An observation cage was designed that allowed simultaneous recording during individual trials of body temperature, exact ambient temperature, and aspects of the thermoregulatory syndrome including mobility, basking/shade seeking and the precise angle of flanking/facing the radiation source. The cage consisted of a transparent plexiglass box (30 × 30 × 45 cm) with an arena sloped to the back of the cage at a 15° angle. A radiation source (white light tungsten-halogen lamps at 500 W, colour temperature 3100 K) at a distance of 30 cm illuminated the cage from the rear at an angle of about 20° above the arena. Vertical stripes of aluminum tape (5 cm wide at a separation of 5 cm) served to provide the cage with areas of different radiation intensity from which the test individual could choose by basking or shade seeking. In this way the parts of the test arena where the insect could walk provided 50% low radiation area (radiation flux 3 W m−2), 35% medium radiation (60 W m−2), and 15% high radiation (300 W m−2).
The test arena within the cage was made of white polyurethane foam (1 cm thick) to reduce the effects of conduction to a negligible level. Holes in the foam of 1 mm diameter arranged in a grid 5 mm apart served to draw air from a regulated fan in a slow laminar flow through the cage from the top down. With this laminar air flow a homogeneous circulation with a minimum convection bias was achieved. The observation cage was placed in a climate controlled chamber (Percival I-36VL, Percival Scientific, Perry, IA, USA) with an observation window in order to apply a gradient of ambient temperatures to the insects during a trial.
Each trial ran over a linear temperature gradient of approximately 7–47 °C within 1 h. In addition to the external control provided by the climate chamber, the ambient air temperature in the arena was controlled by a type-T thermocouple (copper-constantan) mounted 1 cm above the base in a low radiation area. The body temperature of the insect was recorded by a custom made type-T thermocouple microprobe constructed in our laboratory (35 μm copper/constantan wire) implanted from behind just beneath the pronotum. The grasshoppers equipped with probes moved freely in the observation cage and did not show any signs of disturbance by the fine wires nor any cleaning behaviour to remove probes or wires. Through the glass window of the climate chamber the observer registered the behavioural components during the trial using a keyed panel and a dial for body orientation towards the radiation source. The resulting data from the panel were transferred to a data acquisition system and were stored in a computer together with the temperature data at a temporal resolution of 4 Hz. Each individual was used for one trial only.
To achieve the most accurate temperature measurements, the type-T probes and all connectors were made of high precision wire material (Omega Engineering, Stamford, CT, USA) and an appropriate high resolution data acquisition system with an isothermal aluminium plate was used for recording (Data-Shuttle DS-16-8-TC, Omega Engineering). The precision of the temperature measurements was better than 0.1 °C (error <±0.05 °C).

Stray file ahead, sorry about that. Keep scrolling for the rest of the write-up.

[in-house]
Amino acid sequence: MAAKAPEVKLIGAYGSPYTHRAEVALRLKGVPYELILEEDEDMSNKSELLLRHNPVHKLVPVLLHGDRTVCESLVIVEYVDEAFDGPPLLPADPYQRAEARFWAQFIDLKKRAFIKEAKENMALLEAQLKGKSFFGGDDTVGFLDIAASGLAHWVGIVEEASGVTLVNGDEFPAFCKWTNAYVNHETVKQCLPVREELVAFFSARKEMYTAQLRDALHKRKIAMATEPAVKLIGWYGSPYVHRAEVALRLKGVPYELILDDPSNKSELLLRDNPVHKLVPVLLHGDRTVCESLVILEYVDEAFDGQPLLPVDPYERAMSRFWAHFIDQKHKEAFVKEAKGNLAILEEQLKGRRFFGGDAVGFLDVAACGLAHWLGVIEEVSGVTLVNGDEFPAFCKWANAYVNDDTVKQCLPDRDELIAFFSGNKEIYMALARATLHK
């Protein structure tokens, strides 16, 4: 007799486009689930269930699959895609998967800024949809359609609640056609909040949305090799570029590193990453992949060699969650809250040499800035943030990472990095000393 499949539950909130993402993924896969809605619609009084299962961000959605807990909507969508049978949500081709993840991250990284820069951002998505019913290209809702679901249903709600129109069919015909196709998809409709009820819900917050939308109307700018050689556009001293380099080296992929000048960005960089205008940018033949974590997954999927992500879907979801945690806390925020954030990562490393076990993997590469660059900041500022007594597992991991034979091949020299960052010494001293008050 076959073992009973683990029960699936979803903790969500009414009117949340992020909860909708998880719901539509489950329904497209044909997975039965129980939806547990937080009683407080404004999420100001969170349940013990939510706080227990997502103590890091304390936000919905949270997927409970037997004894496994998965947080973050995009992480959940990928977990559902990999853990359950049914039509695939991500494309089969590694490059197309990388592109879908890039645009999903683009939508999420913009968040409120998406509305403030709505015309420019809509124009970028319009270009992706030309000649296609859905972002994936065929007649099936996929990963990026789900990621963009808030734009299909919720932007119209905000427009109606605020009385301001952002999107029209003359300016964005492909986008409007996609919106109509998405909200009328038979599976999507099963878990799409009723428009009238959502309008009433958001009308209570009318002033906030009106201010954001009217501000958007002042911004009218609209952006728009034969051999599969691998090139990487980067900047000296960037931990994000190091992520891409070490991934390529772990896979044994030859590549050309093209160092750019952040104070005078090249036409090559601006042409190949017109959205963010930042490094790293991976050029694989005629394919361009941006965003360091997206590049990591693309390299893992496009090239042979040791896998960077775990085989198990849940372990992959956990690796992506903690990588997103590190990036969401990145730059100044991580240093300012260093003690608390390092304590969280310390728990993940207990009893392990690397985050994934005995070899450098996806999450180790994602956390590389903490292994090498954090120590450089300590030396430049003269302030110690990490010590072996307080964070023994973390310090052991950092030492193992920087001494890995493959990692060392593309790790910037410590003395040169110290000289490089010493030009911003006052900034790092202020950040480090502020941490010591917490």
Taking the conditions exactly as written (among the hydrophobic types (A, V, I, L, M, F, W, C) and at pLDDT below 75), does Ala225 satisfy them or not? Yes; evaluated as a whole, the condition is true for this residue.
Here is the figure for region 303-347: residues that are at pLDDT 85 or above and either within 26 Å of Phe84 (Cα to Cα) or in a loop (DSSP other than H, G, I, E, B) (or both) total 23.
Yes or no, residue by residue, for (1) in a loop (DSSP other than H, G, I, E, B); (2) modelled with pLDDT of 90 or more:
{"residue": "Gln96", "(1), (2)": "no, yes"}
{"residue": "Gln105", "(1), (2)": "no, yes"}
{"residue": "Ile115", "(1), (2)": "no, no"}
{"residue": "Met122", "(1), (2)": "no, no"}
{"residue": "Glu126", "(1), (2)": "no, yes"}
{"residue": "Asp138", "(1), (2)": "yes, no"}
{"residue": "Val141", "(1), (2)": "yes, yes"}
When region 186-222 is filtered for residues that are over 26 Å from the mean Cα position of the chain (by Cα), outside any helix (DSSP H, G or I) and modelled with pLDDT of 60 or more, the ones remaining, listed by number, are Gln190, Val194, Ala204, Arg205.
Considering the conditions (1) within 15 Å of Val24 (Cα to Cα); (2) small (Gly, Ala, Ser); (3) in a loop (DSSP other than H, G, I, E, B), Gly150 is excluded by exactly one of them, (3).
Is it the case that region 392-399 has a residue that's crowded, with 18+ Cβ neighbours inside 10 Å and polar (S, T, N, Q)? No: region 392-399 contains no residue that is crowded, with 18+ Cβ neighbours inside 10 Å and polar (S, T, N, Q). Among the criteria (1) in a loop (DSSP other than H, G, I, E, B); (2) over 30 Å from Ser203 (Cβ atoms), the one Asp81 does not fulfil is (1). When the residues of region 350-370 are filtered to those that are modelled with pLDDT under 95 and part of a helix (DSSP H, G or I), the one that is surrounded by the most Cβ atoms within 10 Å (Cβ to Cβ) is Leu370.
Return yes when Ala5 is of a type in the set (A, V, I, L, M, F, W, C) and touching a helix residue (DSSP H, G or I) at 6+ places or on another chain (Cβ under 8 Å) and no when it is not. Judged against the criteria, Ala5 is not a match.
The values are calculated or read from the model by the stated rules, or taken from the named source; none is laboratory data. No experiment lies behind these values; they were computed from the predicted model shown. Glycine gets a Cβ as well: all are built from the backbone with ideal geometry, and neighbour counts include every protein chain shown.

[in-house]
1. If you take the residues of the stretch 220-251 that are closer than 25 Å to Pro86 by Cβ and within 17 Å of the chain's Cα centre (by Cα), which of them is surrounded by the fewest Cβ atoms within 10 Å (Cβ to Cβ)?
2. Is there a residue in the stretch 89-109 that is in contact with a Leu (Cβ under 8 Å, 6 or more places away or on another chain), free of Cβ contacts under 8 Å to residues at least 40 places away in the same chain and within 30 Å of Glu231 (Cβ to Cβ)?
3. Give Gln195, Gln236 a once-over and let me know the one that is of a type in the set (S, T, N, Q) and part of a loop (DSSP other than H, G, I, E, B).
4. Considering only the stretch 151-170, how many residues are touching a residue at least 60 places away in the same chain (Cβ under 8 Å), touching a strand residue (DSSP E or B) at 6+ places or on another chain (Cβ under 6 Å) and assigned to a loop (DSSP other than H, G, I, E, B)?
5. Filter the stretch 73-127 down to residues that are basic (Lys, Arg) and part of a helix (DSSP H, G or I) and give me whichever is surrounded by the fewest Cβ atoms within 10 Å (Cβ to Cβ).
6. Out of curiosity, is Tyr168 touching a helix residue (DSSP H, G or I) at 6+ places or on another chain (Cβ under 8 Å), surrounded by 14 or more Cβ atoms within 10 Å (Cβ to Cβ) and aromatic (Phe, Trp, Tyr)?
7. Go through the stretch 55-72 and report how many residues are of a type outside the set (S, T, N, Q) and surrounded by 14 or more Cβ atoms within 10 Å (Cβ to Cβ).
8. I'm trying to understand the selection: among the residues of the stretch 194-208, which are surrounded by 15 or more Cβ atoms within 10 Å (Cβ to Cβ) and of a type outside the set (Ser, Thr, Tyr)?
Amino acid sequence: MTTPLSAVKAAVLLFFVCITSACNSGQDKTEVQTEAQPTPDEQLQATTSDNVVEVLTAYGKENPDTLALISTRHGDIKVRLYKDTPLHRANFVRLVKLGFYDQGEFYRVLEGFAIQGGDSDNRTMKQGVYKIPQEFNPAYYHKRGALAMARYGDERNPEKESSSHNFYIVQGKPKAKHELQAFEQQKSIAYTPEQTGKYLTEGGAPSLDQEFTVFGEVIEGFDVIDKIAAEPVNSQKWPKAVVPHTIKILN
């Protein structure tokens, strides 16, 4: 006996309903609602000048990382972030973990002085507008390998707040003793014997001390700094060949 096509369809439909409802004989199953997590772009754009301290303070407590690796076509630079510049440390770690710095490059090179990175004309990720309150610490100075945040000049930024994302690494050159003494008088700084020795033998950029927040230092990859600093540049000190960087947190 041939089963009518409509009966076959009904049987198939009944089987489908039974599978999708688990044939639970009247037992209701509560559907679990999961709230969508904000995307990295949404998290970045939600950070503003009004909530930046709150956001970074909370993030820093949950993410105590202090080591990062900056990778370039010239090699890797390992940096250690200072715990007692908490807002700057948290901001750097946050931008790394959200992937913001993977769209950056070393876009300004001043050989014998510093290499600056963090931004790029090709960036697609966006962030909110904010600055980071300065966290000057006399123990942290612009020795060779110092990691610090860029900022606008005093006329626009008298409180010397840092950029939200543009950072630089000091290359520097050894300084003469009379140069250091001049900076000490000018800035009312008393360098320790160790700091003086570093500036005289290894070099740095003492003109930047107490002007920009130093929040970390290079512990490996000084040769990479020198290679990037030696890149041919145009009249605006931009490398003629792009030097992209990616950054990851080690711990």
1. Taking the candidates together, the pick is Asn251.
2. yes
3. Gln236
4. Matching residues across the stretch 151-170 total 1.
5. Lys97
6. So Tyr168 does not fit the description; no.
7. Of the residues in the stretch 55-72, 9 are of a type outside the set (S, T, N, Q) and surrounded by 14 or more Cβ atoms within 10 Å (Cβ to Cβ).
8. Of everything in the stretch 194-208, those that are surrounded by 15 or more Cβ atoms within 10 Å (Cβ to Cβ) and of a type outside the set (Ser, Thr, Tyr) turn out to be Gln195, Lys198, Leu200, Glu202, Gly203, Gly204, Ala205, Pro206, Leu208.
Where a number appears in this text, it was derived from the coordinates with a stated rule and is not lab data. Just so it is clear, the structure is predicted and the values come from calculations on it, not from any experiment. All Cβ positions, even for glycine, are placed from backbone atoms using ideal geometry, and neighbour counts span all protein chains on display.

To assess any active increases in body temperature (Tb) relative to environmental conditions per se, differences in body temperatures were measured relative to temperatures expected in the absence of thermoregulation. To accomplish this, a biophysical model (after Samietz & Köhler, 1998) was applied to simulate the body temperatures of each individual being tested, assuming no active thermoregulation. To approximate these ‘passive’ body temperatures or operative environmental temperatures (Te), the following simplified equation of heat balance (Baumgärtner & Severini, 1987) was used. The equation is based on the assumption that the core temperature of the body is equal to the surface temperature, and the influences of convection and transpiration are ignored.
where Ta is the ambient air temperature, ΦR is the radiation flux density (W m−2), a is the absorption coefficient, A is the body cross-sectional area towards the radiation source, S is the external body surface area, b is the body diameter, and k is the thermal conductivity of the air (0.026 W m−1 K−1). Following Chappell & Whitman (1990) and Anderson et al. (1979), the absorption coefficient, a, was set to 0.7 for the grasshoppers under study. The body of a grasshopper female was approximated by a rotational ellipsoid with half the body length as the semi-major axis q. The body cross-sectional area towards the radiation source as a function of the orientation angle α is then:
The corresponding derived projection of the semi-major axis is:
Passive heat gain under a specified condition of radiation assumes a randomly chosen α between 0 and 90°. The resulting operative environmental temperature, Te, was estimated from eqns 1 and 2 as follows:
where Ep*(α) is the expected value of the derived projection p* with respect to α:
The probability P(α) is constant due to the required uniform random distribution to describe passive heating. The quotient in eqn 5 is thus:
Substituting eqn 3 into the right hand side of eqn 6 leads to:
The integral in eqn 7 was numerically solved for each individual grasshopper by applying a 32-point Gauss formula and using the individual values for the semi-major and semi-minor axes of the ellipsoid model (half body length; half maximum body diameter). With the results of eqn 7, eqn 4 served to calculate the operative environmental temperature for each individual in the three different areas of radiation intensity in the cage (see above). Proportional to the areas of the intensities the weighted mean Te in the observation cage at every temperature increment was calculated for each individual.